The process to substantially alter India’s future energy mix seems to have begun. This is very good news for renewables. Prime Minister Narendra Modi re-iterated India’s current target of installing 175 GW of renewables by 2022 at the United Nations General Assembly last week. This would then be equivalent to almost 20% of India’s power generation. Over and above this, and in the context of India’s Intended Nationally Determined Contributions (INDCs) for the climate negotiations in Paris, the target could be raised to a stunning 250 GW of solar and 100 GW of wind power capacity by 2030, which when added to other renewables would be equivalent to nearly 40% of power from renewables by 2030 (refer).
- Successfully implementing such targets would mean decades of growth for the solar sector
- The underlying premise of these ambitions is the belief that storage and smart grid technology will become economical and ready for implementation over the next five years
- India needs to start thinking about storage technology for large scale integration of renewables and possibly even using storage to leapfrog grid investments for rural electrification
Key countries and blocks such as the US, EU and China have already published their INDCs and the world is now waiting for India to declare its position. A target of 40% renewables by 2030, and the corresponding de-carbonisation of India’s growth, would give the negotiations momentum and India a very strong position in them. An even bolder step could be to follow the advice of the country’s Chief Economic Advisor, Arvind Subramanian, and drop demands for climate equity in favour of concentrating on a climate solution (refer). This, however, seems unlikely.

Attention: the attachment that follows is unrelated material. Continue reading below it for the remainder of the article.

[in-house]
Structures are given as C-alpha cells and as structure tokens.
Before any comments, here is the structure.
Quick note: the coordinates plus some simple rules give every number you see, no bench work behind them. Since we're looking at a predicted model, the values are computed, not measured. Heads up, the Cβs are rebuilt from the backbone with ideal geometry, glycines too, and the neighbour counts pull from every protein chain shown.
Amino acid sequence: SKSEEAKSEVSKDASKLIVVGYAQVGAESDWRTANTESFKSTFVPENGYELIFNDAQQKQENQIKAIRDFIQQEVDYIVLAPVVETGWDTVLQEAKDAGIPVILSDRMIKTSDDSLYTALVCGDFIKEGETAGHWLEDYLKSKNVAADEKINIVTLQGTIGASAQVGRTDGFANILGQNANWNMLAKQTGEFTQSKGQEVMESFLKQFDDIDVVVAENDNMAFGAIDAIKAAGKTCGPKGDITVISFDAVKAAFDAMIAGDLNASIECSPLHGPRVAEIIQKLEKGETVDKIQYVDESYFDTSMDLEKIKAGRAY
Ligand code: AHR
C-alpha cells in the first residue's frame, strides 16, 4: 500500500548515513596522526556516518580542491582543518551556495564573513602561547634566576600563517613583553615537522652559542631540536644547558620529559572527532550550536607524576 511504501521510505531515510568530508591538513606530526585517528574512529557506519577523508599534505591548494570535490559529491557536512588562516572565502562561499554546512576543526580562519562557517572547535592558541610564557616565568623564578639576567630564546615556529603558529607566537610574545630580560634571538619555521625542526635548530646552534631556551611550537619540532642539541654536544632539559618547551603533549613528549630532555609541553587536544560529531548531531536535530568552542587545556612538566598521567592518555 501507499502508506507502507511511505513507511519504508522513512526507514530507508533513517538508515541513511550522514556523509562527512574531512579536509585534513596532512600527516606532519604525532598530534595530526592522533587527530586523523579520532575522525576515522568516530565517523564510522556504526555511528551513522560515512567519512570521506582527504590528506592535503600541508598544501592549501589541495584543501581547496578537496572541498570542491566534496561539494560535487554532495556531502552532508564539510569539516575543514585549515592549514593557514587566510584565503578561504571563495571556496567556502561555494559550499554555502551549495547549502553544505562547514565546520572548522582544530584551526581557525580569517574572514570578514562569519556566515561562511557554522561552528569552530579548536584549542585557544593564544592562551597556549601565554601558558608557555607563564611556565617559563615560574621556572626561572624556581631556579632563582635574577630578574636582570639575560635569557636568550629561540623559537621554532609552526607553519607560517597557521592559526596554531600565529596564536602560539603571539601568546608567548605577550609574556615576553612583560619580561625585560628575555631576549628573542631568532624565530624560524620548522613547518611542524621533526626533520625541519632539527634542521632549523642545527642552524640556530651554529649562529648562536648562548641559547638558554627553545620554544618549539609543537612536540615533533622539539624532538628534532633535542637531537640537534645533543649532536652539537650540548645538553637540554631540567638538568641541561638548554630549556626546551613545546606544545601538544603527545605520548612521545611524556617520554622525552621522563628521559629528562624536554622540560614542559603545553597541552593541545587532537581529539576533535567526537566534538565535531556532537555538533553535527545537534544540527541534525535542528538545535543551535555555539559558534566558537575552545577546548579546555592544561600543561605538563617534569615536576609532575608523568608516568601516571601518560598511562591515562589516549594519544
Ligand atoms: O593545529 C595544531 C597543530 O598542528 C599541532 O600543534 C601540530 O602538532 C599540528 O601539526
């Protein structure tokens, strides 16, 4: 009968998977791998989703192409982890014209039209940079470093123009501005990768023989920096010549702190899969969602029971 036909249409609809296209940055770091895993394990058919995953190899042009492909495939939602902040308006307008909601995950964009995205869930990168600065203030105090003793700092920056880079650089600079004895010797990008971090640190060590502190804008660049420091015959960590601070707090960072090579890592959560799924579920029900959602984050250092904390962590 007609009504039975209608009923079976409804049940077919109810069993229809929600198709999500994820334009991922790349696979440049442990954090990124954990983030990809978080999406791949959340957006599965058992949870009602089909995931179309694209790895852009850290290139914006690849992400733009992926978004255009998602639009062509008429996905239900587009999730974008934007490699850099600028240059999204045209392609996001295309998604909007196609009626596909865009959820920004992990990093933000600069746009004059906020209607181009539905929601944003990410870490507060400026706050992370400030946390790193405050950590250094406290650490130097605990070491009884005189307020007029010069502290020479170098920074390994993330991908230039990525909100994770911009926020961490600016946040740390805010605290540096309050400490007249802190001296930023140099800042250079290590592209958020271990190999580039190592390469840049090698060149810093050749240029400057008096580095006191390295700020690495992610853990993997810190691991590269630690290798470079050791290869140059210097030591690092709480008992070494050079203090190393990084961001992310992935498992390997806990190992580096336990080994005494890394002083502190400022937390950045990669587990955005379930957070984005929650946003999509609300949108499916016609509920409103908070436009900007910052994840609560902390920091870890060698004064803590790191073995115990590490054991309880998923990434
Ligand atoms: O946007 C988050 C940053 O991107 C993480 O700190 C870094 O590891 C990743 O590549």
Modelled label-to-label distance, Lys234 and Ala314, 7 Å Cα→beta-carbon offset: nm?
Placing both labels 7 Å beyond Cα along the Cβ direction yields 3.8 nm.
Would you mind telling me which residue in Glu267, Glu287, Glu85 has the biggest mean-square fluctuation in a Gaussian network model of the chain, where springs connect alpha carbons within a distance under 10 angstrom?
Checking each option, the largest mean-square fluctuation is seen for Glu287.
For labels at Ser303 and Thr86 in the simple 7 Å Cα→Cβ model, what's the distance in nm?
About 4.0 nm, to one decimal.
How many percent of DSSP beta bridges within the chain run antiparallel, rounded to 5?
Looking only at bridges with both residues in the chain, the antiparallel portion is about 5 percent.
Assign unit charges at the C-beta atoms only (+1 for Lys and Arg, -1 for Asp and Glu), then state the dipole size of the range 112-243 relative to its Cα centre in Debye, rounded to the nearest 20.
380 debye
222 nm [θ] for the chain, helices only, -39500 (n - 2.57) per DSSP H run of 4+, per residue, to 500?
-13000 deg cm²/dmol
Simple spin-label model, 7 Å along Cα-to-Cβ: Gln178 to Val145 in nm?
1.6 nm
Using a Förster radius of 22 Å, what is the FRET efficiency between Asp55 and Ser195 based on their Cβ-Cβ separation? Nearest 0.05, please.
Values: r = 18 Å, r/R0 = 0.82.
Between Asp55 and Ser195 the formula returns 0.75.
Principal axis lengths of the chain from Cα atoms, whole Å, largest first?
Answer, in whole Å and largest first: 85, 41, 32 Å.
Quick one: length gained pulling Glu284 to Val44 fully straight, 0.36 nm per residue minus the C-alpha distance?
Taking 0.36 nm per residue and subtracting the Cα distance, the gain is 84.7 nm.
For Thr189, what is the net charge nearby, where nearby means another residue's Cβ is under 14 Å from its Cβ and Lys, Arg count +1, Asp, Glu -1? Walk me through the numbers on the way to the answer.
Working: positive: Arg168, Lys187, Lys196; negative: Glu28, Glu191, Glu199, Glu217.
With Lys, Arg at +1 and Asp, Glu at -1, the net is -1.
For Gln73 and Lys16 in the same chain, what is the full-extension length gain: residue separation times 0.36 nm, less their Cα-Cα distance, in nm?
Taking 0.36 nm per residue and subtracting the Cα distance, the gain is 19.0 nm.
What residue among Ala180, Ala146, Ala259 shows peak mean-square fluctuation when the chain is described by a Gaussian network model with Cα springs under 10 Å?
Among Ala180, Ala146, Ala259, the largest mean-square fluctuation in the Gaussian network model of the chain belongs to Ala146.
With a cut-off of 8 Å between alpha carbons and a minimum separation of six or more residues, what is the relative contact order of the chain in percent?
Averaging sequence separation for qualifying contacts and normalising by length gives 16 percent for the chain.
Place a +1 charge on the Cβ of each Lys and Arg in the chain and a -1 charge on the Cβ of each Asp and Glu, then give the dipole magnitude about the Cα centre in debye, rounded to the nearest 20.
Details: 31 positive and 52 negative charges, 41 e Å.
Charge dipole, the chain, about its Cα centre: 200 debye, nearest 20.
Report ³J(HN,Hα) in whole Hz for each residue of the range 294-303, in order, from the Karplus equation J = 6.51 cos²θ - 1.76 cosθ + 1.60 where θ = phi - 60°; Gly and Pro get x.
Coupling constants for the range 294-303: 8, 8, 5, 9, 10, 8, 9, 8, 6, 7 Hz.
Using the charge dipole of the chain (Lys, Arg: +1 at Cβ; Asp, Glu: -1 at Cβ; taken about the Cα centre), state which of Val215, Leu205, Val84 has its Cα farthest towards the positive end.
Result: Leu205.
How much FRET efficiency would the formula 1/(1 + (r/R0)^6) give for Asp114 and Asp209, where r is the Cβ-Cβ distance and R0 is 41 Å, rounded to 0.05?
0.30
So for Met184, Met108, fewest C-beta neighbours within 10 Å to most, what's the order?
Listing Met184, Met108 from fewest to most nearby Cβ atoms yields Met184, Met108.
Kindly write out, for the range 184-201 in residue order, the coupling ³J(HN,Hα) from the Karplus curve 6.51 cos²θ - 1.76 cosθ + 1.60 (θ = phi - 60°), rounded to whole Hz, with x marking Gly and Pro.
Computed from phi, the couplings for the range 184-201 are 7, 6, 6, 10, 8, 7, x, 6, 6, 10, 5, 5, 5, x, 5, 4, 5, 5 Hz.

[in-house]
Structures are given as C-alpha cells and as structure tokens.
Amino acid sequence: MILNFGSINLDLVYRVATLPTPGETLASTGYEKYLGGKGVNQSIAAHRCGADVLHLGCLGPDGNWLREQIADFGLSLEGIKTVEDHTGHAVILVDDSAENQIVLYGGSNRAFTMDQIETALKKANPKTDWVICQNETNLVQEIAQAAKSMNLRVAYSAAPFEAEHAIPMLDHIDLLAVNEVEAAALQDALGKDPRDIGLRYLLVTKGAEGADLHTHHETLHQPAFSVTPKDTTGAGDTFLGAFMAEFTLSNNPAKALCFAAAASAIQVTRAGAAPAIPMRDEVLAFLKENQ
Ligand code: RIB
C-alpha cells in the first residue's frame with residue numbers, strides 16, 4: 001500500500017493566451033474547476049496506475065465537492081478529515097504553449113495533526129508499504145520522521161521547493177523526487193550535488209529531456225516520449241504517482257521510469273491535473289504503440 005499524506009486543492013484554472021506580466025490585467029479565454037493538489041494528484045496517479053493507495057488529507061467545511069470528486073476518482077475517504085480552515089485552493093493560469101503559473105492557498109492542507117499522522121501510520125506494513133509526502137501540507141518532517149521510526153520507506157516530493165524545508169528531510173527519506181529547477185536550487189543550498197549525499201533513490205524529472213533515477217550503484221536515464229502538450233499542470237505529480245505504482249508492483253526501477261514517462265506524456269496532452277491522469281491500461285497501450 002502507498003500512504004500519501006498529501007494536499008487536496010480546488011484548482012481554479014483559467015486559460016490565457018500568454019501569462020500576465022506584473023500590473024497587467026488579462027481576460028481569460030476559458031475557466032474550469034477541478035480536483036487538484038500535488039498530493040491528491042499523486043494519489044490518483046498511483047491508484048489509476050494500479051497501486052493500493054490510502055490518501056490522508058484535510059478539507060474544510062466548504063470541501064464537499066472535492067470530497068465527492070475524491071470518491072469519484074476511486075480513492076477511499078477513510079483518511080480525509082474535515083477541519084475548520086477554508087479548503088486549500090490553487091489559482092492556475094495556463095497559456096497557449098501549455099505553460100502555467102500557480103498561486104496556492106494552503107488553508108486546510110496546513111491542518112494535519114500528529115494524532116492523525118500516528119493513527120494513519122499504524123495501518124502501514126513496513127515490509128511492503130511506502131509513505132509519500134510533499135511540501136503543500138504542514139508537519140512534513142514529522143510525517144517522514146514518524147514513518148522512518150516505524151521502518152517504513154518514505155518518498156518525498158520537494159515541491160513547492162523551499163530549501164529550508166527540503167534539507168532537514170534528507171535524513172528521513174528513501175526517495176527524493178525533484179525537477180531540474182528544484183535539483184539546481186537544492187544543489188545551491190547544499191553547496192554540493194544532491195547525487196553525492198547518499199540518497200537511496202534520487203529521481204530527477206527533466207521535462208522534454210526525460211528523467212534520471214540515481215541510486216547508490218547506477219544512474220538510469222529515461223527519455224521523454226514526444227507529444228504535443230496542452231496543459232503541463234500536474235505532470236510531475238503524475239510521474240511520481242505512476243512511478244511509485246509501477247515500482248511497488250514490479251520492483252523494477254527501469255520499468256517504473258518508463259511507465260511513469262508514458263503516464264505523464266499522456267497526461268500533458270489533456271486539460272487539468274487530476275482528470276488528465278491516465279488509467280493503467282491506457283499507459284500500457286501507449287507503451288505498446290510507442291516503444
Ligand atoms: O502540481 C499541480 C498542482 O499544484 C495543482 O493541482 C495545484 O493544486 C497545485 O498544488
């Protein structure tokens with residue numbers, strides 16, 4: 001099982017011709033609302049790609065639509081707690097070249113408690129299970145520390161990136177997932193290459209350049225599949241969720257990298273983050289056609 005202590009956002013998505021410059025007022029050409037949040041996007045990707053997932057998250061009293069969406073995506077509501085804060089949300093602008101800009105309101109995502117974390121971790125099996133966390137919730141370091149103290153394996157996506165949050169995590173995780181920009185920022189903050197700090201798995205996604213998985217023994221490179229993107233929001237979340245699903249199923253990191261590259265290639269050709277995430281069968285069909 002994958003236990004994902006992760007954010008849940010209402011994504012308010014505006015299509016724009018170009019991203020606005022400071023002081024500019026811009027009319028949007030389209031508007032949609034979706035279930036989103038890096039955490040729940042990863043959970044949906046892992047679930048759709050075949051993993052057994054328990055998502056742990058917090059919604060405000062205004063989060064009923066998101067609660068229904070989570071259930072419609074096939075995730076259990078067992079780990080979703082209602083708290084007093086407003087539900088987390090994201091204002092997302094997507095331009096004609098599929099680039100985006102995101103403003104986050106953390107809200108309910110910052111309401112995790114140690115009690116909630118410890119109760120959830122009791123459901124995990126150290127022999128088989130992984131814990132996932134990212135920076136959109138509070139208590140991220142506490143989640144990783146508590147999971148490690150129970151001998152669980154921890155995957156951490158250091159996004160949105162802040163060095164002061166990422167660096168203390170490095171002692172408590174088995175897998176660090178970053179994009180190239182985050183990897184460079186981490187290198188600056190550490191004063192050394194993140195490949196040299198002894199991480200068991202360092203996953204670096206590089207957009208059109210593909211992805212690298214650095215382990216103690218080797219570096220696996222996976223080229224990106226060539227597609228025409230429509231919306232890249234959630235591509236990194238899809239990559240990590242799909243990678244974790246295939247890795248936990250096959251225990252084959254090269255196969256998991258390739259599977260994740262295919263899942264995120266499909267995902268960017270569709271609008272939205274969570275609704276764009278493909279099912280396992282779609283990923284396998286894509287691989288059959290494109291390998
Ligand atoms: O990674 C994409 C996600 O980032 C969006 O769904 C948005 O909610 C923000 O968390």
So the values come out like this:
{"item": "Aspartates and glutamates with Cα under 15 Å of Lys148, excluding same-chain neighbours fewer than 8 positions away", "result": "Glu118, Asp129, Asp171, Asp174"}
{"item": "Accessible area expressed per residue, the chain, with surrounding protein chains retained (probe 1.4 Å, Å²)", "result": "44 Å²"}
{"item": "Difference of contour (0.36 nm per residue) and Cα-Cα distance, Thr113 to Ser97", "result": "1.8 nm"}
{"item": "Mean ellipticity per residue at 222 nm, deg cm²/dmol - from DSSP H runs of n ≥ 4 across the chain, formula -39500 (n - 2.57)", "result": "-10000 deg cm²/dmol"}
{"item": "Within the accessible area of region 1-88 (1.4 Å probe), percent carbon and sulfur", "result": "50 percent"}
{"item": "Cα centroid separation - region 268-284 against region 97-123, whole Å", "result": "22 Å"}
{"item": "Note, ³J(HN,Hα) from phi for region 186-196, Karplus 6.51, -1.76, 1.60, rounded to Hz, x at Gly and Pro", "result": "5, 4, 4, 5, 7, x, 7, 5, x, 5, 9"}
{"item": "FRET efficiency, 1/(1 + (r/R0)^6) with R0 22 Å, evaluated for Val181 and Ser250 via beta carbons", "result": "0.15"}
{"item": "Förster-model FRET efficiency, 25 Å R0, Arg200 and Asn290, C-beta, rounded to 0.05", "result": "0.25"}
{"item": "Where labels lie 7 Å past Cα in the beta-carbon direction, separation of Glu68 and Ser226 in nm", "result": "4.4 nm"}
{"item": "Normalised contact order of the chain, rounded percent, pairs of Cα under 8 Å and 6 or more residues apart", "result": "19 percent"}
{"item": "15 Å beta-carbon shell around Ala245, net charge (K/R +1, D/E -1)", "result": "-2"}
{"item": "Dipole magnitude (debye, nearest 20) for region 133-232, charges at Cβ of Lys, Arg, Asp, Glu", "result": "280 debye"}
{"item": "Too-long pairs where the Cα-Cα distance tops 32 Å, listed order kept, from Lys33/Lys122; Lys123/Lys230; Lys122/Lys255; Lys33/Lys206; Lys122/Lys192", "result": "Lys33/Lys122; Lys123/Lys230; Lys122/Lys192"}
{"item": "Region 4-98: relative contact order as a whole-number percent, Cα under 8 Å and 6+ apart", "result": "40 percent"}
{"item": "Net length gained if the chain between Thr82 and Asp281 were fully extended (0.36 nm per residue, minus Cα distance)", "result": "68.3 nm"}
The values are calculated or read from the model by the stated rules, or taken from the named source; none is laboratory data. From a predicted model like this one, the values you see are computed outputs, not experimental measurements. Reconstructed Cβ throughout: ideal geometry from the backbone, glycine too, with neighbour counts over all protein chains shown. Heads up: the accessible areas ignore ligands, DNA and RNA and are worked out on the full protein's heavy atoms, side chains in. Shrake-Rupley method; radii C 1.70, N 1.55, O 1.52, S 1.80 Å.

These announcements further strengthen the Indian solar story, which is already driven by strong growth in new installations (see our recent India Solar Map for details, refer). Successfully implementing such targets would mean decades of growth for the sector. However, the underlying premise of these ambitions is the belief that storage and smart grid technology will become economical and ready for implementation over the next five years. During his ongoing visit to the US, the Prime Minister visited Tesla and met with corporations such AES to understand the possibility of India using storage technology for large scale integration of renewables and possibly even using storage to leapfrog grid investments for rural electrification.
In a town hall meeting yesterday hosted by Facebook, the Prime Minister used an analogy that the country is not like a scooter than can turn around swiftly but like a train that will turn slowly. This is also true for India’s power sector. Changing the energy mix is a herculean task and the transition will surely be slow. The economic fundamentals for an increased share of renewables are already falling into place and legally binding climate commitments can only help.
Last week, Solar Energy Corporation of India (SECI) announced new allocations for 440 MW in Uttar Pradesh under the Viability Gap Funding (VGF) route. Earlier, two tenders for 500 MW and 100 MW were announced by NTPC in Karnataka. Out of this, the 100 MW tender has a domestic content requirement. The total capacity of open state and central tenders in India now stands at 5,320 MW in addition to total capacity under execution of 8,707 MW.